432 See, for example, the Compulsory Education Act of the canton of Berne, article 2, 19 March 1992.
 RS 413.11.
 As in AppenzellInnerrhoden, BaselStadt and Obwalden, for example.
 RS 446.1.
 The most important results of this study are reported in Hüttenmoser, Marco; DegenZimmermann, Dorothee, Lebensräume für Kinder. Empirische Untersuchungen zur Bedeutung des Wohnumfeldes für den Alltag und die Entwicklung der Kinder. Bericht Nr. 70, NFP Stadt und Verkehr. Edition Soziothek. Köniz 1995. The results of a control survey carried out in a rural area are reported in Hüttenmoser, Marco, Kein schöner Land. In “und Kinder”, No. 54, pp. 21-50.
 Regula Begert and Matthias Steinmann, “Kinder und Medien in der Schweiz - eine Studie des SRG Forschungsdienstes”, Bern 1997.
 Seventy-eight per cent of children said they preferred to play outdoors.
 Established in December 1982.
 RS 142.30.
 RS 142.301.
 RS 291.
 RS 0.211.231.01.
 RO 1999, 2262.
 RS 142.311.
 RS 822.11.
 RO 1999 2302.
 In September 1999, the ODR drew up a new directive concerning the handling of RMNA requests for asylum (Asylum Directive 23.2, of 20 September 1999). This Directive, which entered into force on 1 October 1999, is intended to inform the federal and cantonal authorities about certain procedural aspects concerning RMNAs as well as their specific functions in this connection.
450 RS 0.518.12; 0.518.23; 0.518.42; 0.518.21.
451 RS 0.518.521; 0.518.522.
452 Adopted at Rome in June 1998.
 RS 0.518.522.
 RS 510.10.
 RS 511.11.
 Young persons in educational work establishments, which receive delinquents from 17 to 25 years of age, are in daily contact with young adults - a “procedure” that may be regarded as being of benefit to the child.
 FF 1999 1787 et seq.
 See commentary relating to the Convention, article 1.
 As is the case at the present time, it will be achieved essentially through measures set out in the Civil Code for the protection of the child. Reference will therefore also be made to protection measures.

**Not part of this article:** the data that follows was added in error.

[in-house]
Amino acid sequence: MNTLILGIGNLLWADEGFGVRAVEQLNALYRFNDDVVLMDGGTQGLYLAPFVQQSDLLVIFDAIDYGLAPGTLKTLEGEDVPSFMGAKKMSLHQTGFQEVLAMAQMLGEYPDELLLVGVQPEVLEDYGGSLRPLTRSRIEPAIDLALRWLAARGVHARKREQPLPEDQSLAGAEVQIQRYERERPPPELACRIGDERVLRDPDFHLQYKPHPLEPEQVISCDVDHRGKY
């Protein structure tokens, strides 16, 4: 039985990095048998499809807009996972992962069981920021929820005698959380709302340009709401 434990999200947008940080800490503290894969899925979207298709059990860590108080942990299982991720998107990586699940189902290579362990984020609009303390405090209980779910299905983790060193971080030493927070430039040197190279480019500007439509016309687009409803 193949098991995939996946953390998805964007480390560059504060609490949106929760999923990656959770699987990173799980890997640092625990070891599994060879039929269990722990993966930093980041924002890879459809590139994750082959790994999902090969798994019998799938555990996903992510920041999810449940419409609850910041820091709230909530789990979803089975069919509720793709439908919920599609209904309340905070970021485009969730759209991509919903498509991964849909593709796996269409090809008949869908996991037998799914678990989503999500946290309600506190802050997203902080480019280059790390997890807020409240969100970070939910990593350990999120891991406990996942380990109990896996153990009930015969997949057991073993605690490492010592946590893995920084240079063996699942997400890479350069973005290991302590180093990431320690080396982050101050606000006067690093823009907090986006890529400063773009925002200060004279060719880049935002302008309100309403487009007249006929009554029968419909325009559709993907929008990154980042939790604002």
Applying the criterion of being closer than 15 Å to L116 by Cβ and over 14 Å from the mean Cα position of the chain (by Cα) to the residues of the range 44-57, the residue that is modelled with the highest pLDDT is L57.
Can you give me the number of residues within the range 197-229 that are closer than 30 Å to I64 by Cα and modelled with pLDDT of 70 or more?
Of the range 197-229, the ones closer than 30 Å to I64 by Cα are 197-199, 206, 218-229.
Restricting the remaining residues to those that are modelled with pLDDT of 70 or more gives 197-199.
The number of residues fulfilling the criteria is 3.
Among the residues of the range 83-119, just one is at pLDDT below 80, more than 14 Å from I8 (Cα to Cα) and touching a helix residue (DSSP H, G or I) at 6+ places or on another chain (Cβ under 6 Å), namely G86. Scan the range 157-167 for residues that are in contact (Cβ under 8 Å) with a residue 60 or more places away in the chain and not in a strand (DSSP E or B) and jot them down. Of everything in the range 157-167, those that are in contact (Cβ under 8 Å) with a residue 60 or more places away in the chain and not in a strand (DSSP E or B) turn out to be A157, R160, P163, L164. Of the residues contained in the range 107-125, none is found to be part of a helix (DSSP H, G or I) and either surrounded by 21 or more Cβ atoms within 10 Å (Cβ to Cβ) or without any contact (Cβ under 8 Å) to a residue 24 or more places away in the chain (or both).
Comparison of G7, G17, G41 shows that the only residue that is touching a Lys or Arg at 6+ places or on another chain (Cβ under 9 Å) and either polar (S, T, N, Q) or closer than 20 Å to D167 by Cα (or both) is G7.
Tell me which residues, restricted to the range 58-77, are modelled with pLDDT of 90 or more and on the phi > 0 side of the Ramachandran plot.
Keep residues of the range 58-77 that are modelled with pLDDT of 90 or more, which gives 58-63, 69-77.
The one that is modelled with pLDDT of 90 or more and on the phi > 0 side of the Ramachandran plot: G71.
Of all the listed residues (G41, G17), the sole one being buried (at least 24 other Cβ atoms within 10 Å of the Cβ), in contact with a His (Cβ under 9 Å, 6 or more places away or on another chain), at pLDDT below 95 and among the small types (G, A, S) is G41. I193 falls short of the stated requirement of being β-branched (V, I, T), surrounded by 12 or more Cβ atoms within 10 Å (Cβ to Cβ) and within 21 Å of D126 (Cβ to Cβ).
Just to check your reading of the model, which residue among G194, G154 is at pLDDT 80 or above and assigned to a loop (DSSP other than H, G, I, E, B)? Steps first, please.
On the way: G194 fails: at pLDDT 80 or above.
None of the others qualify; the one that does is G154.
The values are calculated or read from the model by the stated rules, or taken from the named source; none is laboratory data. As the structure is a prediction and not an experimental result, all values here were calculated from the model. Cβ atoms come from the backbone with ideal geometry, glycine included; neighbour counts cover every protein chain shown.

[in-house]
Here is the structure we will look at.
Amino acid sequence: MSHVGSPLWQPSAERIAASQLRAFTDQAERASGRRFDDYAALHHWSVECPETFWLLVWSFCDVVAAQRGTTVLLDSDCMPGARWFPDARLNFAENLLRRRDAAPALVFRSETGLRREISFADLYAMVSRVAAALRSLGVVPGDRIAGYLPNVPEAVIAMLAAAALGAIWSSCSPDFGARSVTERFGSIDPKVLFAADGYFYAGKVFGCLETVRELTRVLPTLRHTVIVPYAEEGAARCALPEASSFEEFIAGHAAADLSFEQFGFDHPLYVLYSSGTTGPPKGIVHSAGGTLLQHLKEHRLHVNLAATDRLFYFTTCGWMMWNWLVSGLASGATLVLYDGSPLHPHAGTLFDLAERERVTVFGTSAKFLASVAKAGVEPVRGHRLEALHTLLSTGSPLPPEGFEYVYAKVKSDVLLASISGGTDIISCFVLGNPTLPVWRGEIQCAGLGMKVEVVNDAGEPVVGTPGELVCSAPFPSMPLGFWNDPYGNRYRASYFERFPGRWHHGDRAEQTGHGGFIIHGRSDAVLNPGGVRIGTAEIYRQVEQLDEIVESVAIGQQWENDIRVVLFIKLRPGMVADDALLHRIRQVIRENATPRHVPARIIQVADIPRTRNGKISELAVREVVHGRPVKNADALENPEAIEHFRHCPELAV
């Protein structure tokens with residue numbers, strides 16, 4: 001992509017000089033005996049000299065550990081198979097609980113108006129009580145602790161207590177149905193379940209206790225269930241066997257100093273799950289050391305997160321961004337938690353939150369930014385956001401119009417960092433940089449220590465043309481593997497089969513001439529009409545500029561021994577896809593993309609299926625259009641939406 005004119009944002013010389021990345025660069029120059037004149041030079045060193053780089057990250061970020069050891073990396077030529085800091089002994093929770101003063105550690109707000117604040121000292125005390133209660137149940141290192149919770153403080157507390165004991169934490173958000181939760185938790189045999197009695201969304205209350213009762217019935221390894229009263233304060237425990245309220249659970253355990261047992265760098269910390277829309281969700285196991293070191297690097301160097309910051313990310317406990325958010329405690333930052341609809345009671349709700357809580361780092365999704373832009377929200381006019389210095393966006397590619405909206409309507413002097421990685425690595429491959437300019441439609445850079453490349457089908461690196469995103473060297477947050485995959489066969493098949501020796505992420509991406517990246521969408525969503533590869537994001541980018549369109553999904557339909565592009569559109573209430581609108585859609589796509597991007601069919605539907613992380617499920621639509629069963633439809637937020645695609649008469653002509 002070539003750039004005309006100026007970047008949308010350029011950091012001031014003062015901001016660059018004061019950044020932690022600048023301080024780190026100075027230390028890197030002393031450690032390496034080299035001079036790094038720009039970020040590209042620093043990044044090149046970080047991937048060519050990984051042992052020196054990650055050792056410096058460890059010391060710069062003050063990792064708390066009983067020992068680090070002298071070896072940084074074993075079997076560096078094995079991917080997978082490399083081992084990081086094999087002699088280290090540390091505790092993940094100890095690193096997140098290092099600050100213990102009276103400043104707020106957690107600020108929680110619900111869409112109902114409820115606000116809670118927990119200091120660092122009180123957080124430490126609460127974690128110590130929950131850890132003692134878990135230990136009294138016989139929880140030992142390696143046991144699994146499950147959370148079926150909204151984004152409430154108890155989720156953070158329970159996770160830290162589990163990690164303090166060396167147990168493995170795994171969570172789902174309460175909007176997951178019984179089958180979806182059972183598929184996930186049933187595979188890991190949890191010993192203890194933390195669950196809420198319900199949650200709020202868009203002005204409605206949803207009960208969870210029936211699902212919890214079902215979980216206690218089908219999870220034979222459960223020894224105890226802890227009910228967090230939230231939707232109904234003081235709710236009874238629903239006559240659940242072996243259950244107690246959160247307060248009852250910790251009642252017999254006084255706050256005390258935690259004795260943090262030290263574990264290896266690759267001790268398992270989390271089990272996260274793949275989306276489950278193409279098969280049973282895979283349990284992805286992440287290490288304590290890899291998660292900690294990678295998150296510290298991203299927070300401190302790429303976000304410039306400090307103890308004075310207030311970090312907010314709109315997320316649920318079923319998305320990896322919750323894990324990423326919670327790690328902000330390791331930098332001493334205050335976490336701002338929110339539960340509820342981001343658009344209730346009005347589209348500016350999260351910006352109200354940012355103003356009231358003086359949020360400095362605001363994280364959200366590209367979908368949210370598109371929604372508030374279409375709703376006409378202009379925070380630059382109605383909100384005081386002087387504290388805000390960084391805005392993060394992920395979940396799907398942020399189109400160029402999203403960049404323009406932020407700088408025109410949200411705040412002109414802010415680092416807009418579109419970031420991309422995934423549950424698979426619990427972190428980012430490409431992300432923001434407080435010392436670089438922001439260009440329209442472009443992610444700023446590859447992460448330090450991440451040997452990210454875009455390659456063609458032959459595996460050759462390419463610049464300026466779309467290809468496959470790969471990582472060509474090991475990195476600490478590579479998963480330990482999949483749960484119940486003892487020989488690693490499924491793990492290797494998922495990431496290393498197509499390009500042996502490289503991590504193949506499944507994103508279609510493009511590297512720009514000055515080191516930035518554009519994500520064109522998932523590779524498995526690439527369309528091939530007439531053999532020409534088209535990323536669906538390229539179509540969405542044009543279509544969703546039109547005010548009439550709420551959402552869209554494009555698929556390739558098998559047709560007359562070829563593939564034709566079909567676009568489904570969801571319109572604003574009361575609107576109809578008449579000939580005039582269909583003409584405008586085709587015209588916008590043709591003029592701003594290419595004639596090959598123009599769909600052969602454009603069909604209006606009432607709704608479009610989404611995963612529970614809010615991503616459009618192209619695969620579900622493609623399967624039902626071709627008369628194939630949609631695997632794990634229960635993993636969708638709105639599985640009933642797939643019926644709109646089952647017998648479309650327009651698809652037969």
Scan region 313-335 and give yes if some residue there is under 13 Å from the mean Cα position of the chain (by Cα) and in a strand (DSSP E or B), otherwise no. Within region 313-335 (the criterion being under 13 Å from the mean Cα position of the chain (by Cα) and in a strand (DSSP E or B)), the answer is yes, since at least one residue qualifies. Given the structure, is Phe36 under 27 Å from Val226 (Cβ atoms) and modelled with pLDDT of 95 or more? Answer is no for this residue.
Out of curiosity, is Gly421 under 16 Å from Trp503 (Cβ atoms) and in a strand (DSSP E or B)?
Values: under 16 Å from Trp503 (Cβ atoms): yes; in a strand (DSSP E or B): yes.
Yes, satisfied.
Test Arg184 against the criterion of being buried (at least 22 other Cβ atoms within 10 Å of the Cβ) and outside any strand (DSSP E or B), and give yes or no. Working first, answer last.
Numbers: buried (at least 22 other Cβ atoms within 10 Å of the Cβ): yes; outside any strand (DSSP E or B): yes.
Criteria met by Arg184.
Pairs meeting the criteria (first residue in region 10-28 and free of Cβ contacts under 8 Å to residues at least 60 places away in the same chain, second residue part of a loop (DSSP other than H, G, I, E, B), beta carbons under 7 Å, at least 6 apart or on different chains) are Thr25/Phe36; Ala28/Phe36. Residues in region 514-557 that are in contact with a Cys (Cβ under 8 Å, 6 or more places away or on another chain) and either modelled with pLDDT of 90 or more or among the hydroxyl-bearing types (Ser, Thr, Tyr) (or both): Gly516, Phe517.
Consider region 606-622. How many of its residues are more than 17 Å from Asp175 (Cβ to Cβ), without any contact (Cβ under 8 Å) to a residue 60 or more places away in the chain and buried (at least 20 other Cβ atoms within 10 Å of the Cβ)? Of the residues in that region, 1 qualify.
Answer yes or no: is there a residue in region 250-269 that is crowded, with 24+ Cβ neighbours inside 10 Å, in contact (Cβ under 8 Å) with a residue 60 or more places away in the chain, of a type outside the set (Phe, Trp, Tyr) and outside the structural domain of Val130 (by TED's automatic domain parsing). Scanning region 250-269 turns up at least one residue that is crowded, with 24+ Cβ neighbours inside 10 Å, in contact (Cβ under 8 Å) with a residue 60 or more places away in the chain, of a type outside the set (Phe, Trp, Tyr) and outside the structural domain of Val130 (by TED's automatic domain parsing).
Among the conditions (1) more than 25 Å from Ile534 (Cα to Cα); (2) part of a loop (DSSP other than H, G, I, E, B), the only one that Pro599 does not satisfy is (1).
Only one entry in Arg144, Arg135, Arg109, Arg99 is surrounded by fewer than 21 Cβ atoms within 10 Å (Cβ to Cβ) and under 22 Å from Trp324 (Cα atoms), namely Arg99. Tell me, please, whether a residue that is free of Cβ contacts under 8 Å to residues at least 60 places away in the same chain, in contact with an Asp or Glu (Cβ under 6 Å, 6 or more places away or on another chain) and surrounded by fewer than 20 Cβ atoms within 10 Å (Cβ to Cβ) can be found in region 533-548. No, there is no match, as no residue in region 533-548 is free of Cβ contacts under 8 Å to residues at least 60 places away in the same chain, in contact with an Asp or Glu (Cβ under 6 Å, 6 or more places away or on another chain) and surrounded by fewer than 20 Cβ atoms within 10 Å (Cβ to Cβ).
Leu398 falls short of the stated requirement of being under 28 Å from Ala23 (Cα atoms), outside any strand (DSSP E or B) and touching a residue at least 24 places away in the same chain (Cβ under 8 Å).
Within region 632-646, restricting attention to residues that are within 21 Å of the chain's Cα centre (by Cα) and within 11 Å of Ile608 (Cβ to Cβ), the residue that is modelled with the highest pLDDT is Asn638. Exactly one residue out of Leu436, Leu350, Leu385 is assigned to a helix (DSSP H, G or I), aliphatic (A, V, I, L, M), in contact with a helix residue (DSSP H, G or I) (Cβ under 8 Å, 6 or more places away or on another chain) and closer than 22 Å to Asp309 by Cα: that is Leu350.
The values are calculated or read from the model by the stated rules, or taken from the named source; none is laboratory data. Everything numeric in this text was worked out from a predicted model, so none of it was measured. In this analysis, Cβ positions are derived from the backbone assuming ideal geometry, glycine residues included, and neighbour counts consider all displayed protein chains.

Criminal judgements of minors in 1997, Actualités OFS, Neuchâtel 1999.
 RS 741.10.
 RS 812.121.
 See also ATF 121
464 See also the case law of the European Court of Human Rights.
 ATF 107 Ia 256.
 ATF 107 Ia 256; 116 Ia 147.
 ATF 119 Ia 508.
 FF 1997 I pp. 1
et seq., p. 189.
469 FF 199 2083 and the Federal Council’s reply to the Berberat motion.
 FF 1999 2219.
 FF 1999 2083 et seq.
 See also in this connection the position adopted by the Federal Council on 13 March 2000 concerning the Berberat motion, No. 99.3637, of 22 December 1999.
 ATF 121 I 208,
preambular paragraph 4 (b).
474 See the Netherlands, judgement of 24 August 1993, Series A No. 267, para. 38.
475 RS 173. 110.
476 See FF 1999 3667 and the stand taken by the Federal Council on 13 March 2000 concerning the Berberat motion, No. 99.3627, of 22 December 1999.
477 Of 13 March 1964, RS 822.11.
 Of 8 October 1971, RS 822.21.
 Of 20 March 1981, RS 832.20.
 Of 23 September 1953, RS 747.30 and RS 747.301.
 RS 822.31.
 Of 19 April 1978, RS 412.10.
 RS 915.1.
 Of 19 March 1976, RS 819.1.
 RS 823.21.
 RS 210.
 RS 220.
 RS 311.0.
 FF 1999 567.
 FF 2000 292.